Denver teachers voted overwhelmingly Tuesday in favor of going on strike after more than a year of negotiations over base pay.
Rob Gould, lead negotiator for the Denver Classroom Teachers' Association, said 93 percent of unionized teachers voted in favor of a strike. The union represents 5,635 educators in the Denver Public School system, which could see a strike as soon as Monday.
The main sticking point was increasing base pay, including lessening teachers' reliance on one-time bonuses for things such as having students with high test scores or working in a high-poverty school. Teachers also wanted to earn more for continuing their education.
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While teachers have the right to strike in Colorado, the state can intervene. If the state steps in, the walkout could be delayed by up to 180 days, past the current school year.
The state did not stop teachers in Pueblo from striking in May over pay after several years of tense contract talks. In that decision, the state labor department noted that it rarely uses its limited authority to intervene in contract talks unless requested by both sides.
The Pueblo school district had merely asked for the state's guidance, and the union did not ask for intervention at all. Most of the city's 20 schools were shut down by the weeklong strike, which ended with teachers winning a 2 percent cost-of-living retroactive raise and a 2.5 percent increase in the current school year.
The union representing Denver's teachers gave notice of a possible strike Jan. 8, but state law requires them to wait 20 days before walking off the job.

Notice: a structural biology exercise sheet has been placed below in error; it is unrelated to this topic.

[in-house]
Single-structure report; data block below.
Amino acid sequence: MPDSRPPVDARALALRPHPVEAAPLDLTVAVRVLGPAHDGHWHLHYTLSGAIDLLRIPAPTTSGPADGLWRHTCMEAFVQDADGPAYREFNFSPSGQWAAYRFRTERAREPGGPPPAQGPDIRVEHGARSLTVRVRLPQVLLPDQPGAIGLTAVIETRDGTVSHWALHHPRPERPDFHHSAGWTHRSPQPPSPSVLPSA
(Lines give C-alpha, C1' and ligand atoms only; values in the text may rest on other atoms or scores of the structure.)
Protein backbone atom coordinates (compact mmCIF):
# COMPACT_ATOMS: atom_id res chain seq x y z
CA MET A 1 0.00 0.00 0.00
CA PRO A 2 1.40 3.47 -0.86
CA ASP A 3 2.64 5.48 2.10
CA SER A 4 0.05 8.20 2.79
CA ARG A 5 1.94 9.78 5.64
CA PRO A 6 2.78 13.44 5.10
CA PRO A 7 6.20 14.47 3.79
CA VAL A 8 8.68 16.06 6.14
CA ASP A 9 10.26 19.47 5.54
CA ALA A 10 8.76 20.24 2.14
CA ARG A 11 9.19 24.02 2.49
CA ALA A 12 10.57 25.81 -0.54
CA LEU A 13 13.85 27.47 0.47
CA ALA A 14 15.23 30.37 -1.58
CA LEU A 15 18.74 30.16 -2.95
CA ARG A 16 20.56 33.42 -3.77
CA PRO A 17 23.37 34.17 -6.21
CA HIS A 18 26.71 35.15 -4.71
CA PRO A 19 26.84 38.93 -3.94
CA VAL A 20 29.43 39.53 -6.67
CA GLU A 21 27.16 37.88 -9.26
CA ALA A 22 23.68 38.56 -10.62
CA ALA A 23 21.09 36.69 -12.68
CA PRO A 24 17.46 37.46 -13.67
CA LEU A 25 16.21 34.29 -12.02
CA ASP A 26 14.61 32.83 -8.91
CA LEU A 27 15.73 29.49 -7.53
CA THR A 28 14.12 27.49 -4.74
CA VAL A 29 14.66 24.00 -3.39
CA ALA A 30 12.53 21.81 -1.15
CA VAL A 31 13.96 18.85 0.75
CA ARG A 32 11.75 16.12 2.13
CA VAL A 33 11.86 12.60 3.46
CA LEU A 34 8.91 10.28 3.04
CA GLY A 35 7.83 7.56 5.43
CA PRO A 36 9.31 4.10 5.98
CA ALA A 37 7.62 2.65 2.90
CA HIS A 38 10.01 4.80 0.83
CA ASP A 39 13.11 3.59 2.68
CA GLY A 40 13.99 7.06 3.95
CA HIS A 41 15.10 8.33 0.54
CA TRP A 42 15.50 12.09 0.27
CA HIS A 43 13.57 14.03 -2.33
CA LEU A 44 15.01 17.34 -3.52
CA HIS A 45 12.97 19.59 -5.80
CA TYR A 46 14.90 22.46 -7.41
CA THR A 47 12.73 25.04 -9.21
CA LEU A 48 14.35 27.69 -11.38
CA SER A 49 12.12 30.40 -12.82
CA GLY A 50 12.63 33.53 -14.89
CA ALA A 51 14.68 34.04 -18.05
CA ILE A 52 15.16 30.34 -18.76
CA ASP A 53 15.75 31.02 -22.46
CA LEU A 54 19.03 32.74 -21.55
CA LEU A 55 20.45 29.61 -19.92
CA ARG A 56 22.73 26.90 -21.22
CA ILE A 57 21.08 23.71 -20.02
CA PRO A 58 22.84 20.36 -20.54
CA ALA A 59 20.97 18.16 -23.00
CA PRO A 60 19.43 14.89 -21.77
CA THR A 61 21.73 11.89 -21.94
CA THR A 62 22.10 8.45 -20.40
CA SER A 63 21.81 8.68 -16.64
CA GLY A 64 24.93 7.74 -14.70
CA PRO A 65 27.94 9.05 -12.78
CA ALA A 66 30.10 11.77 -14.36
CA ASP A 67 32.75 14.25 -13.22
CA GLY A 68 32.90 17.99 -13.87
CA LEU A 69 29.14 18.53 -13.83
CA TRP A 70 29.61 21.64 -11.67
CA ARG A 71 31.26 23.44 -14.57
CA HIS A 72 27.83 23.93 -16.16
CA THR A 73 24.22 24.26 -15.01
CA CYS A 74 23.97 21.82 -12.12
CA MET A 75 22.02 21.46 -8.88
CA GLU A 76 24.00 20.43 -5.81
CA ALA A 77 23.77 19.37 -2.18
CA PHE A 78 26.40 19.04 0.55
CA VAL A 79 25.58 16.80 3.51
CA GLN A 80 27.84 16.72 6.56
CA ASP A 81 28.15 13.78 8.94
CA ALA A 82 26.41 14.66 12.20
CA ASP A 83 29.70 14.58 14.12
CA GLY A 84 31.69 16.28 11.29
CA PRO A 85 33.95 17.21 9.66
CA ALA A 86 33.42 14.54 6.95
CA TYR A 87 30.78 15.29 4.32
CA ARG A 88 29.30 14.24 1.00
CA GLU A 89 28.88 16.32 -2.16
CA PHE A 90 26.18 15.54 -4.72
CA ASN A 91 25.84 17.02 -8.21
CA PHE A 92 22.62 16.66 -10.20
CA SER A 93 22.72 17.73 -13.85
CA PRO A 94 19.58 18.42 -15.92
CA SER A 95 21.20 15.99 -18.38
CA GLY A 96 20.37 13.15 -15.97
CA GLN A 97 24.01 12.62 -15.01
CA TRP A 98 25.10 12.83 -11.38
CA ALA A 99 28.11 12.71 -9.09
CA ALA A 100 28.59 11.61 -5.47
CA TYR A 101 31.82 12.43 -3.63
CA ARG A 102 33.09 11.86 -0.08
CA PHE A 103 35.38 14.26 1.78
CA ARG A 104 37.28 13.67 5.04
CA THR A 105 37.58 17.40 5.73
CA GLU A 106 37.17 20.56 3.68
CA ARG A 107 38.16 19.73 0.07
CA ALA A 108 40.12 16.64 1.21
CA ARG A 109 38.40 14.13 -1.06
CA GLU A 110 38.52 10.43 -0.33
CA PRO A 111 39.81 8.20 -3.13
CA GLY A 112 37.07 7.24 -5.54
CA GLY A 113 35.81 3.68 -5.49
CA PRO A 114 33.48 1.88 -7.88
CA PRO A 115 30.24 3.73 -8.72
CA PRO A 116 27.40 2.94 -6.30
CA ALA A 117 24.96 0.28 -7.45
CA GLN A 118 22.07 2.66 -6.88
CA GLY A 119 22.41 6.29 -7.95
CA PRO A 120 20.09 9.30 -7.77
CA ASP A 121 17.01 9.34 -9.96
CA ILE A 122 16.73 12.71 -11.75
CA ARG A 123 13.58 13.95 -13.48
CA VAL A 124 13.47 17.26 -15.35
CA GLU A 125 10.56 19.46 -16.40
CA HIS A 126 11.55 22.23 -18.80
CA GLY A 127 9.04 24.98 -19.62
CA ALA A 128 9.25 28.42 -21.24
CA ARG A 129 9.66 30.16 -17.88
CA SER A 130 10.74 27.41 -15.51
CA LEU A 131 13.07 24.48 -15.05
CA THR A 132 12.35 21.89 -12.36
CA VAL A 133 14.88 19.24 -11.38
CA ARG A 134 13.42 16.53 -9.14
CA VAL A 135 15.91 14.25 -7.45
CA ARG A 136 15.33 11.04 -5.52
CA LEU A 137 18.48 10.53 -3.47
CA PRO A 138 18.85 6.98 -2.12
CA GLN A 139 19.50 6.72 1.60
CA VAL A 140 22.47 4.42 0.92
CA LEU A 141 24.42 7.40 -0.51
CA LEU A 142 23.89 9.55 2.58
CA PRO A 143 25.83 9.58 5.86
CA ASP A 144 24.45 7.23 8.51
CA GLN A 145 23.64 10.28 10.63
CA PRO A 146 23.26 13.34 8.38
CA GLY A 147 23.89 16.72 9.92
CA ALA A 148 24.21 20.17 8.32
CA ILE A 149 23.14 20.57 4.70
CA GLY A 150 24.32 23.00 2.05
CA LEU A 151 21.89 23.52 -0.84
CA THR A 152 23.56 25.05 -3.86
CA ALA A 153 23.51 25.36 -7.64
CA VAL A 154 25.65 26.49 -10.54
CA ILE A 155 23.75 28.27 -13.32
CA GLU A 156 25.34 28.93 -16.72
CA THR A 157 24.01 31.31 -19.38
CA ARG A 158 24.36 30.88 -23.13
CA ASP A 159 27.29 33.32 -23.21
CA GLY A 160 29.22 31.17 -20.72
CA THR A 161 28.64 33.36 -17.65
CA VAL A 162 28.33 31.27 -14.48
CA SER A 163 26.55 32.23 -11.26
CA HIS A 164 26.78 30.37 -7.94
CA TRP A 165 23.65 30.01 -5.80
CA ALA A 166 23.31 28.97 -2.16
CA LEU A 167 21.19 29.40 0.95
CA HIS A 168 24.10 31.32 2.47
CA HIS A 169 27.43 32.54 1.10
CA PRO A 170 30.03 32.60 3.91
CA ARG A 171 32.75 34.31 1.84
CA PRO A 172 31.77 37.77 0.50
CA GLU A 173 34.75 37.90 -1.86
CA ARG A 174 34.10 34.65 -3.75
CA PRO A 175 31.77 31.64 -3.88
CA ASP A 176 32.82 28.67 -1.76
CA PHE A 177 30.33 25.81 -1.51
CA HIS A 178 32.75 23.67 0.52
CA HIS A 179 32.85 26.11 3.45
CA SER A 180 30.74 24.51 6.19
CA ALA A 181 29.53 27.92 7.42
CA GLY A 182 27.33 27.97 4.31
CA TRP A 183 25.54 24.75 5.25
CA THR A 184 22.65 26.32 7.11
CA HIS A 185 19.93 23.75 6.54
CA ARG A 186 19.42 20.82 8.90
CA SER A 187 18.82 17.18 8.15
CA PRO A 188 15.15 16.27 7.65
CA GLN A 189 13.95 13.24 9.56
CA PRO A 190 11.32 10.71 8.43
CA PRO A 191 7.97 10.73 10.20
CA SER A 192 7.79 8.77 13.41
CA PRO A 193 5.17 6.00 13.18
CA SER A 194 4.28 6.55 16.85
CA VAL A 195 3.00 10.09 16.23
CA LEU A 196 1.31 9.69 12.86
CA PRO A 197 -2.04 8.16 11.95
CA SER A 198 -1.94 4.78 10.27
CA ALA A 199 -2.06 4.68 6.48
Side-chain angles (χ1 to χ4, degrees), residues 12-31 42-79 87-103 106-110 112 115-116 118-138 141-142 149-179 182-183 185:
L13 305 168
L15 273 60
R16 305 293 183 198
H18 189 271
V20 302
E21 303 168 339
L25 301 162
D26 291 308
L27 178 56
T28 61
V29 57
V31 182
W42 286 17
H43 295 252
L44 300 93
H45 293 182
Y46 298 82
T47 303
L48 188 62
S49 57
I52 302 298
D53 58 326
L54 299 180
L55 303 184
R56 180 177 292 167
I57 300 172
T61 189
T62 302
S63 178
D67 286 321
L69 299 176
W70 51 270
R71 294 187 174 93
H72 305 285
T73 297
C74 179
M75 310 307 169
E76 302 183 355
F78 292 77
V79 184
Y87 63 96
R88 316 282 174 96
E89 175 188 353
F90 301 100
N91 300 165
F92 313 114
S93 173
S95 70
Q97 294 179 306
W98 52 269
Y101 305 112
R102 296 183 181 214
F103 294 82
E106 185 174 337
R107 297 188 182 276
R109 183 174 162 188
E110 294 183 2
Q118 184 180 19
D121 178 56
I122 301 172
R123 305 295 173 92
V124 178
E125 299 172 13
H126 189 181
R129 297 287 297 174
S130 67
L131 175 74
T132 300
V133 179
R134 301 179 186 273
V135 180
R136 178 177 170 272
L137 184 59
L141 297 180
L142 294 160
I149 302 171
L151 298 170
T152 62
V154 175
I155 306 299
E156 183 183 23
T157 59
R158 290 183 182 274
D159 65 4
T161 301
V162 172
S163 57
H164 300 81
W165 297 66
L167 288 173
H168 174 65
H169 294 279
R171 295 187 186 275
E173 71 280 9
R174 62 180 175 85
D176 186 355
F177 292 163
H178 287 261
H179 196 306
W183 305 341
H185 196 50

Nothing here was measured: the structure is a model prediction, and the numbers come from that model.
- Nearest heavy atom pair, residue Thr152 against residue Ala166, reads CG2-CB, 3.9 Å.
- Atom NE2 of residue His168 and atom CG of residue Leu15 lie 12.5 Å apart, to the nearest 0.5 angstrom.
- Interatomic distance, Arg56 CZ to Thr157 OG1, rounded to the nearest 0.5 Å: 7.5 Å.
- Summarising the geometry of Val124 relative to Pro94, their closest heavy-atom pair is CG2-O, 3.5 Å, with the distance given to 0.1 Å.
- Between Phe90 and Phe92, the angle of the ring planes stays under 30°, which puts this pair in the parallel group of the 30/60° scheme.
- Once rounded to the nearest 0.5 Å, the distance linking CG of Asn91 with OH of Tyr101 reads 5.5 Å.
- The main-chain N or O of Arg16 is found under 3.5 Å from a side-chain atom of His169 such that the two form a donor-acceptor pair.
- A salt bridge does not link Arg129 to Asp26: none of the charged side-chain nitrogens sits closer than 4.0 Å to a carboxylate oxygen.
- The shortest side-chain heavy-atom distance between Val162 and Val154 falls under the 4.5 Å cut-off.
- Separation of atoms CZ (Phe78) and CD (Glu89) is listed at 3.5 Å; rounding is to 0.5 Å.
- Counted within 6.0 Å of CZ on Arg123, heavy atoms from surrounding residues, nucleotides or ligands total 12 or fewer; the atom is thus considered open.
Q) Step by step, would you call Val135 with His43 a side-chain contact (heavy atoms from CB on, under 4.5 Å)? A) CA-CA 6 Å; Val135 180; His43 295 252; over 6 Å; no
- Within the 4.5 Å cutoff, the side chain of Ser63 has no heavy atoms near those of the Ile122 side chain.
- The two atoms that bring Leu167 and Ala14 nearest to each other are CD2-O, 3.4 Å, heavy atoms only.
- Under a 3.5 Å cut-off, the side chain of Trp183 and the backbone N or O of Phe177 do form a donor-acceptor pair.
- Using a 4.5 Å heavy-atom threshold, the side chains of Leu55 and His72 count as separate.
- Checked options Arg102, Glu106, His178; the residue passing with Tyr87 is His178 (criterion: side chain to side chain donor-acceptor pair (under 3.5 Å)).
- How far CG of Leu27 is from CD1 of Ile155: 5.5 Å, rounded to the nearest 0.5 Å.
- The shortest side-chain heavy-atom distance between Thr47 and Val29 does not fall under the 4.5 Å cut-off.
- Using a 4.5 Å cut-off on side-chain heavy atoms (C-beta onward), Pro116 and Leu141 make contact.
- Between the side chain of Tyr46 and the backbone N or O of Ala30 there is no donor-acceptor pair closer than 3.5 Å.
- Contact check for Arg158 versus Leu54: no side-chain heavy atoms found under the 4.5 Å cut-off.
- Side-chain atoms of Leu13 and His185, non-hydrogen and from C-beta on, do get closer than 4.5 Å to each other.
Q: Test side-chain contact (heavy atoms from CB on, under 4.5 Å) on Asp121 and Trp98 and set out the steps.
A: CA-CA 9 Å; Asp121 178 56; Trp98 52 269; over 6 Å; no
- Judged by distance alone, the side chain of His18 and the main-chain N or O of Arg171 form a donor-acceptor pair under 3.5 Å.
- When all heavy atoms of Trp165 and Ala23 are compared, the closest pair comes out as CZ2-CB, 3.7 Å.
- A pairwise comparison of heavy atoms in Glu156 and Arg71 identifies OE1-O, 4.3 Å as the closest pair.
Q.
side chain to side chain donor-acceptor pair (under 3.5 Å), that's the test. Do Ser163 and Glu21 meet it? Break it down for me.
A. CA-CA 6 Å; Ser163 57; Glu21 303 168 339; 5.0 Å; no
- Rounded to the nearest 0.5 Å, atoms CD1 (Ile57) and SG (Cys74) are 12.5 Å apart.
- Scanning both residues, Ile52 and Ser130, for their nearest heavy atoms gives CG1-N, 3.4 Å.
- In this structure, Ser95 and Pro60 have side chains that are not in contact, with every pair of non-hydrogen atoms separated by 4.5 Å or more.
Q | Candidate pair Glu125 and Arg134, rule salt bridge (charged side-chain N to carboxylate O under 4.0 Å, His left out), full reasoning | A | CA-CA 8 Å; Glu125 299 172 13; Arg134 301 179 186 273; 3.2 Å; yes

DCTA President Henry Roman said the district's bonus system has changed dramatically since voters approved funding for it in 2005, leaving teachers dependent on earning bonuses for things that are largely outside their control. He said that has led to a high turnover rate for teachers seeking financial stability in districts with more traditional pay systems.
The union says the school district's offer fell $8 million short from the funding it wants to change the compensation system, an amount it claims the district could find by reducing administrators' bonuses and taking money out of its $64 million reserve.
The school district said its offer would mean an average 10 percent raise for teachers in the next school year and make the minimum starting salary for teachers $45,500, the second-highest in the Denver area.
According to the district's website, the starting teacher salary is currently $39,851 and the average teacher salary overall is $50,449.
A statement from the district acknowledged that its proposed package was not enough, putting the blame on state funding, but urged teachers to compare the proposal to those at other nearby school districts.
"We agree with our teachers that this is not enough and we will continue to fight to address the inadequate funding of our education system in Colorado," said Superintendent Susana Cordova.
Janelle O'Malley stopped by negotiations last week to drop off letters from parents and grandparents of students at her son's high-poverty elementary school urging administrators to make their best offer now rather than after a possible strike to avoid forcing parents to miss work unnecessarily in case schools are closed.
Like many other parents at her school, she cobbles together arrangements with her husband and mother-in-law to drop off and pick up her son to fit around their work schedules. As a longtime retail store manager with a supportive team, she said she would have some flexibility to adjust her hours if her son could not go to school but she said many others caretakers there would not.
She sympathizes with teachers and thinks that those in a profession that requires a degree should be paid a professional salary that is predictable.
"There is money in the district. It's just not going to the right places," she said.